Sam Sparro

Sam Sparro

Sam Sparro

6 / 10 Sam Sparro, ’80s soul enthusiast and studied dance music expert, should make a killing in 2008. Not only has he got the ‘soul’ label nipping at his heels – a profitable tag to be courting at the moment, what with the successes of Adele and Duffy – he’s also proved, with ‘Black And Gold’, that he can do informed, grown-up dance music too. And since Neon Neon and Hercules And Love Affair have established clever electro nostalgia as one of the year’s key diversions, Sparro has all bases covered: he just needs to sit back and wait for the tills to start ringing.



He shouldn’t have any problems rinsing ‘Sam Sparro’ for all its worth, either. Out of the 13 tracks there are easily six chart-friendly singles and, although none are as fully formed as the enormous ‘Black And Gold’, we’re talking Mark Ronson levels of commercial nous. ‘21st Century Life’ is all slap-bass disco bombast. ‘Pocket’ squeezes a devastating melody into a desperately catchy house track. ‘Sally’ sets up a mountain of Jamie Lidell ambitions and does a damn good job of scaling it. Then ‘Hot Mess’ comes along, rampaging through the legacy of pre-God Prince and an embarrassing opening line (“I know you fancy yourself as a sexy bitch…”).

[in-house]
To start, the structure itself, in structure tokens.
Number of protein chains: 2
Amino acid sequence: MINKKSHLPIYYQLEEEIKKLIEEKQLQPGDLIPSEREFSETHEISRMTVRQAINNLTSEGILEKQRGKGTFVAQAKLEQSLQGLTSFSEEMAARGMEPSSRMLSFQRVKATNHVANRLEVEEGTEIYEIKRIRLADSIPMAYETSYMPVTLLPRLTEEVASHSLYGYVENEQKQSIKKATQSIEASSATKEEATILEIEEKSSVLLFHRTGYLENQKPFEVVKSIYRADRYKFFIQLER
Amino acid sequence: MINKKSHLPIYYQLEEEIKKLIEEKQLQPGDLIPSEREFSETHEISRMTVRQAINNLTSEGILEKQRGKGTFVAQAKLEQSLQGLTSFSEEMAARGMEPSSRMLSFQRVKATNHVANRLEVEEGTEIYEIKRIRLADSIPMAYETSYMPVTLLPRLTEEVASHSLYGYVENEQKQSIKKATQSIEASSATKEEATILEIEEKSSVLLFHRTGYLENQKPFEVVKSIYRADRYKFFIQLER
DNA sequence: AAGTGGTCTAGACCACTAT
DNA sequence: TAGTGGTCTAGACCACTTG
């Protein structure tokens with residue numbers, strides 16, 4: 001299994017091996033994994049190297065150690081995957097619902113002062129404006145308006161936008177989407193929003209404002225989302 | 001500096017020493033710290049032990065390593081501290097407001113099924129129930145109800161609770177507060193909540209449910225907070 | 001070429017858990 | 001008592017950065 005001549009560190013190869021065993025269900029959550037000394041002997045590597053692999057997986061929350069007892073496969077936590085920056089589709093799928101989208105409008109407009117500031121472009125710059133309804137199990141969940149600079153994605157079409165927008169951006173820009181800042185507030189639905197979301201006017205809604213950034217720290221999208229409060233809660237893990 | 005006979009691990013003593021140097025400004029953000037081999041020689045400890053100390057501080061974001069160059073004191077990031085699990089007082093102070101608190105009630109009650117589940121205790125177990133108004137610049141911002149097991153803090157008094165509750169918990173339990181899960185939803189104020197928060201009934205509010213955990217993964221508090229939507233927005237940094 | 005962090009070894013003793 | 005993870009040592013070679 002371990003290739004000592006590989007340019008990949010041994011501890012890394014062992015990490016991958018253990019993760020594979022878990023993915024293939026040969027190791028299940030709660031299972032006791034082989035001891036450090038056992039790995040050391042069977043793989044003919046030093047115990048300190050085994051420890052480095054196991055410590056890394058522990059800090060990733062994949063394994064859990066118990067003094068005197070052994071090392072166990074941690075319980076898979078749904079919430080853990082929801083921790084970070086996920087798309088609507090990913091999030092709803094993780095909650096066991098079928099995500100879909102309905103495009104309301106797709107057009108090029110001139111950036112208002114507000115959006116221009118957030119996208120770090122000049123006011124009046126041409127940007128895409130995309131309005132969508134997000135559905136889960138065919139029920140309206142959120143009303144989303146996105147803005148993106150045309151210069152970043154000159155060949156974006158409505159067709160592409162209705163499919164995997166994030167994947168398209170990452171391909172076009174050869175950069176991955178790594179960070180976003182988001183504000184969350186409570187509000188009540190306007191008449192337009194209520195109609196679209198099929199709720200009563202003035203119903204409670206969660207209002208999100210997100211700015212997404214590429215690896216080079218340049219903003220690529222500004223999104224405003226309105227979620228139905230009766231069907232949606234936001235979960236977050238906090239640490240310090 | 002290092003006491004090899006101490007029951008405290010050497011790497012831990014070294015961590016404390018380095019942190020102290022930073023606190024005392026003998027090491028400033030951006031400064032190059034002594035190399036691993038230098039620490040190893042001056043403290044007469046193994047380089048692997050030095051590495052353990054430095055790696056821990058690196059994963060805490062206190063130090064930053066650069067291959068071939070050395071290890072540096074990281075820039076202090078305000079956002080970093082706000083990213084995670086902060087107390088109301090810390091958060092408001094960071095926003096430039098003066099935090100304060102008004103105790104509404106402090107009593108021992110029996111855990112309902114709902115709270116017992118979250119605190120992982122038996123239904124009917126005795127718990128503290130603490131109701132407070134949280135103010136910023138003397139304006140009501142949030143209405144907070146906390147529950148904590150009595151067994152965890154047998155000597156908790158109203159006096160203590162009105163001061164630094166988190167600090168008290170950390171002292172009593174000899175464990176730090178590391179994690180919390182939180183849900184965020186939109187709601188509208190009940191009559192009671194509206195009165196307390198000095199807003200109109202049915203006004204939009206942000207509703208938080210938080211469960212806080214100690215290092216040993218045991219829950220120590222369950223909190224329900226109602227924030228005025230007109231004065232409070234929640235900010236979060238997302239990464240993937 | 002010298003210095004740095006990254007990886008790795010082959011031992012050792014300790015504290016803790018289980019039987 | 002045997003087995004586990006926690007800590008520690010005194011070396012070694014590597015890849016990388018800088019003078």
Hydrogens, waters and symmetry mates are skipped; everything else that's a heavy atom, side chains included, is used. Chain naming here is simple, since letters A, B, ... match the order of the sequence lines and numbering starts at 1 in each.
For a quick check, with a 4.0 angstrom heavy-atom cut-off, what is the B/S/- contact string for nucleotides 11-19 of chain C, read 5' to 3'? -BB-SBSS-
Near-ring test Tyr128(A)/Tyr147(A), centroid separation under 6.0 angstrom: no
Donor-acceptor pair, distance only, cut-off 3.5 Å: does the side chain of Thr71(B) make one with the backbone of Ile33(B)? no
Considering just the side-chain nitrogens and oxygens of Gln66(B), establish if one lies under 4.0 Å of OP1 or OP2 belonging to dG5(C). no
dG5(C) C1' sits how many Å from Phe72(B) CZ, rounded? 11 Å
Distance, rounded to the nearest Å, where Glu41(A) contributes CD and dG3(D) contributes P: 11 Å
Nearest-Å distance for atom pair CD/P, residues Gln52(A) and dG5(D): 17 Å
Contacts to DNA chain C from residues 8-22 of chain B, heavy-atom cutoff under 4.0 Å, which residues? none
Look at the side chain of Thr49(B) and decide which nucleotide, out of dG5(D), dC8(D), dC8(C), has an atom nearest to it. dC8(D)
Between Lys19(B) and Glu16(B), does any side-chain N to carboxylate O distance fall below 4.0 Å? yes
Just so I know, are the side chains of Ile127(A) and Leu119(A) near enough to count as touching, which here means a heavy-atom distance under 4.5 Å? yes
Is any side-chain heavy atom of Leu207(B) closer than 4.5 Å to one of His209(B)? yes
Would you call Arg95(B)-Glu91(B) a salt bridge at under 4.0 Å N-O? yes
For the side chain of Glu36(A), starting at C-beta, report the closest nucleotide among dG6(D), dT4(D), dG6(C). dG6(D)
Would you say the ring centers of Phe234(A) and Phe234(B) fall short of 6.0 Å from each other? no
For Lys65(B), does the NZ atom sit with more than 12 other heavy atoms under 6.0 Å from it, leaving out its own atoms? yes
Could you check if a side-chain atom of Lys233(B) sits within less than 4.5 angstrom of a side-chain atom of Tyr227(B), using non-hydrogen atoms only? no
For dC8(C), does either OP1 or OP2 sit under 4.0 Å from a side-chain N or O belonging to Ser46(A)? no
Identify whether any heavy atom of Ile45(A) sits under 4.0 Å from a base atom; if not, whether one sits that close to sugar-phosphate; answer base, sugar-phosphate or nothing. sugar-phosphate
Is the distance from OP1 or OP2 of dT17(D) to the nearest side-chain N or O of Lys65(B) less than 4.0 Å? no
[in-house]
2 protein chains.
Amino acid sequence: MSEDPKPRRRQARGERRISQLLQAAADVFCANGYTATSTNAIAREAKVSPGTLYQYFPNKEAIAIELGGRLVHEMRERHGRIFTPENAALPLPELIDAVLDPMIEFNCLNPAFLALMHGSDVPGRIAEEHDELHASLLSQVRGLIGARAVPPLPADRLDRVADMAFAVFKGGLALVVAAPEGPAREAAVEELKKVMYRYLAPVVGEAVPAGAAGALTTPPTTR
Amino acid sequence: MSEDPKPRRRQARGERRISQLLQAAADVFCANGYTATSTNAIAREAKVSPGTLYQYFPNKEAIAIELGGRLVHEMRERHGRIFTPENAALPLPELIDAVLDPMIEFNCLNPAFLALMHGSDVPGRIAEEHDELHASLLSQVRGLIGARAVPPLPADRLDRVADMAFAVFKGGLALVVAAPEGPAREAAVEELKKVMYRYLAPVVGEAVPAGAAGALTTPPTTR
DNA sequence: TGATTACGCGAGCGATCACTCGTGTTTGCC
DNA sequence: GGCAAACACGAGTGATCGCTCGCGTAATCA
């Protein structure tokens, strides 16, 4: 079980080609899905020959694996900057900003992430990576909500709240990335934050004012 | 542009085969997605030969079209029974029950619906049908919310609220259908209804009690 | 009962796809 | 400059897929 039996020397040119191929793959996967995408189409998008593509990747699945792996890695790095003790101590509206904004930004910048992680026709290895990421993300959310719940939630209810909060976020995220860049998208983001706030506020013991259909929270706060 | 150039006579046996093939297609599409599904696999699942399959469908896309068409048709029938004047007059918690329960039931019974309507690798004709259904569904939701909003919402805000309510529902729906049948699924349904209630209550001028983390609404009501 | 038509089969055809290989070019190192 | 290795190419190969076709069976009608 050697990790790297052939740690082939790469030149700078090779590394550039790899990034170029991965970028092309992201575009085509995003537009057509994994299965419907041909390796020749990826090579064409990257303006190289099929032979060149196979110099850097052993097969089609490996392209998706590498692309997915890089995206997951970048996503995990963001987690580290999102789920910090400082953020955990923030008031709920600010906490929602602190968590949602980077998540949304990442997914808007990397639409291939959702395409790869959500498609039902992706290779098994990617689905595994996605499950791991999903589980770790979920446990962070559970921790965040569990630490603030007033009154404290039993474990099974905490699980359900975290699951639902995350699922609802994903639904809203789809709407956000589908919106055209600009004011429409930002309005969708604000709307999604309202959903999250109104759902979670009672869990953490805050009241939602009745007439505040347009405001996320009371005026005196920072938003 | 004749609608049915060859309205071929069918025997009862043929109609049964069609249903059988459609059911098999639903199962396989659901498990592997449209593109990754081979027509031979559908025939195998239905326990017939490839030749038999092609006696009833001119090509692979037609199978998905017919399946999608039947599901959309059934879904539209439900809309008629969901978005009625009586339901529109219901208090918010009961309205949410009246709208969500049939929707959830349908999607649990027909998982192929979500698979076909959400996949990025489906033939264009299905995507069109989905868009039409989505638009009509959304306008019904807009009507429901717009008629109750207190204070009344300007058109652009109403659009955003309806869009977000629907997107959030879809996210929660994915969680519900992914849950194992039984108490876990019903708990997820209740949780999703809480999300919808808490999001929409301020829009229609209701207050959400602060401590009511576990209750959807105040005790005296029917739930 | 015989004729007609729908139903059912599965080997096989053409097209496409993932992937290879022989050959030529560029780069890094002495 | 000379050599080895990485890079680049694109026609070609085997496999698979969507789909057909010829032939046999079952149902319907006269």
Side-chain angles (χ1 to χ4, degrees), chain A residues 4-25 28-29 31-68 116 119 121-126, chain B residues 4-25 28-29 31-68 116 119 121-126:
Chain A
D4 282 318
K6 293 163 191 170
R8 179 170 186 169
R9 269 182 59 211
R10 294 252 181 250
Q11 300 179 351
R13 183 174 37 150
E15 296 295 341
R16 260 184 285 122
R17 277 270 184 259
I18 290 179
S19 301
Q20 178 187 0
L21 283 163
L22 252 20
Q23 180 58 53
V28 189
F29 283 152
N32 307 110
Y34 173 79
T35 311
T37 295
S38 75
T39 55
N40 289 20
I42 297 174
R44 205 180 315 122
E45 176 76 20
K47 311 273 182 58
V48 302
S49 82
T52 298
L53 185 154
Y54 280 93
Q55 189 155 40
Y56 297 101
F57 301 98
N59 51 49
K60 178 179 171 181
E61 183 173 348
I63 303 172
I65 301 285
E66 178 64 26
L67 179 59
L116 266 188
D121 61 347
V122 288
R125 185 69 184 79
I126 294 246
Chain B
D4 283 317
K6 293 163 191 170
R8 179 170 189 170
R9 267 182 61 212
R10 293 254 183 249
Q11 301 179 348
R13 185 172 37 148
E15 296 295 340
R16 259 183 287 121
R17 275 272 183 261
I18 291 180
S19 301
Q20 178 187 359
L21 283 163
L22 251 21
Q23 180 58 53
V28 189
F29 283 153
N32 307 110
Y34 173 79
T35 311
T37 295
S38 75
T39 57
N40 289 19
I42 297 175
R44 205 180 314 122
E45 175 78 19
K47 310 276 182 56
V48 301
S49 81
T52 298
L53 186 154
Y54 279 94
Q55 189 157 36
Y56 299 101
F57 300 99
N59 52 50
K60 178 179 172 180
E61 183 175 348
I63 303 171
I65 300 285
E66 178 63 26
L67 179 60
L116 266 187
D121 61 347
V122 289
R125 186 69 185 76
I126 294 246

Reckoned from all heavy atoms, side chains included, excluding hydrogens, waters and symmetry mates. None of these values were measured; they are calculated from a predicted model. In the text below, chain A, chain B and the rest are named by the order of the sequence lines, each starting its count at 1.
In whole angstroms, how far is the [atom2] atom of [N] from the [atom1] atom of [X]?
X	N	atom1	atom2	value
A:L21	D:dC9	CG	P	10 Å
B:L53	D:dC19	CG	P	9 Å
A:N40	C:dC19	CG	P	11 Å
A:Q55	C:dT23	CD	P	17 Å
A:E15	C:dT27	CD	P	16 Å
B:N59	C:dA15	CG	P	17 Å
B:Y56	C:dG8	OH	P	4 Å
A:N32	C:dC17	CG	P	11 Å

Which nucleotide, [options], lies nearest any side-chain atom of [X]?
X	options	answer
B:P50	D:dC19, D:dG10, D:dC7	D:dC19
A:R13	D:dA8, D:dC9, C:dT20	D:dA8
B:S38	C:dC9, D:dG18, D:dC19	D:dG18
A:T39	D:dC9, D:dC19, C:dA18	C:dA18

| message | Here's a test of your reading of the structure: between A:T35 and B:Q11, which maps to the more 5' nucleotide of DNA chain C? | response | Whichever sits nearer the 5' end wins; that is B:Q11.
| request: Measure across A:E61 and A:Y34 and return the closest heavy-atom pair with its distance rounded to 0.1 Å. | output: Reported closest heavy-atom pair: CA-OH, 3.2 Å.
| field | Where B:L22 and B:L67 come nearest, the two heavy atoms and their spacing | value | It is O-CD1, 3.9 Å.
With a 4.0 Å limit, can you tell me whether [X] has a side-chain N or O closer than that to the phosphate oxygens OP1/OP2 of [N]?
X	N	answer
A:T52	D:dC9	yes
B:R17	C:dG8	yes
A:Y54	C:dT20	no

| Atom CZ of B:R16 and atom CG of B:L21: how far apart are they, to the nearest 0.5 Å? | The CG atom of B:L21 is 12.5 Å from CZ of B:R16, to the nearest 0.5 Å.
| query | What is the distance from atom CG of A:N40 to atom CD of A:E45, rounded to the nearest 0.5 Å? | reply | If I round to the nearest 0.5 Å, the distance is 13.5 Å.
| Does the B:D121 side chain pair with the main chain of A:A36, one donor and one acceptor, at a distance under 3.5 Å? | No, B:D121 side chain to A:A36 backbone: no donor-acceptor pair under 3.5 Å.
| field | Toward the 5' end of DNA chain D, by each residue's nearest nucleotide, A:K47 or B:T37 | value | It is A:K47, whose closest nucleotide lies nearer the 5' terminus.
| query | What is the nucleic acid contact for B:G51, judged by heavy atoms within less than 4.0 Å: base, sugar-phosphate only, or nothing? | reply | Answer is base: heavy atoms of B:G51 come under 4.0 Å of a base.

And Prince is part of the reason that this album is likeable and not loveable. It’s too easy to draw comparisons with the obvious influences here – and nobody looks good next to Prince. While Hercules and Neon Neon took their dance nostalgia and turned it into something smart and new, ‘Sam Sparro’ too often sounds like it’s come straight out of an electro-funk generator – perfect reference points intact, but not developed or built upon or made unique. Occasionally, it descends into the weird.‘Recycle It!’ is a minute-long skit with a French-accented Sparro reciting a list of modern ephemera – sneakers, CD case, computer, “underpant” – against a schoolyard chant of “Stop! Think about it! Don’t throw it away!” And where Prince is clever enough to make his saucy ambitions sound suitably seedy, Sparro’s lyrics are often clunky – see ‘Cling Wrap’ (“You must have thought I was your snack/Because you’re sticking to me like cling wrap… scoobee-doo-bop-bop”; there’s disbelief the first time you hear it, then he sings it again).



‘Black And Gold’ has set a high bar for Sam Sparro and ‘Sam Sparro’ never quite reaches that again. The album is peppered with James Brown “uh!”s which suggest enormous self-belief, but the straight-forward pastiche of tracks such as ‘Hot Mess’ undermine that front by revealing a lack of confidence in his own individuality.Give him the year of the exposure that this album will no doubt bring, though, and we’re betting that album number two will be a killer.



Rebecca Nicholson

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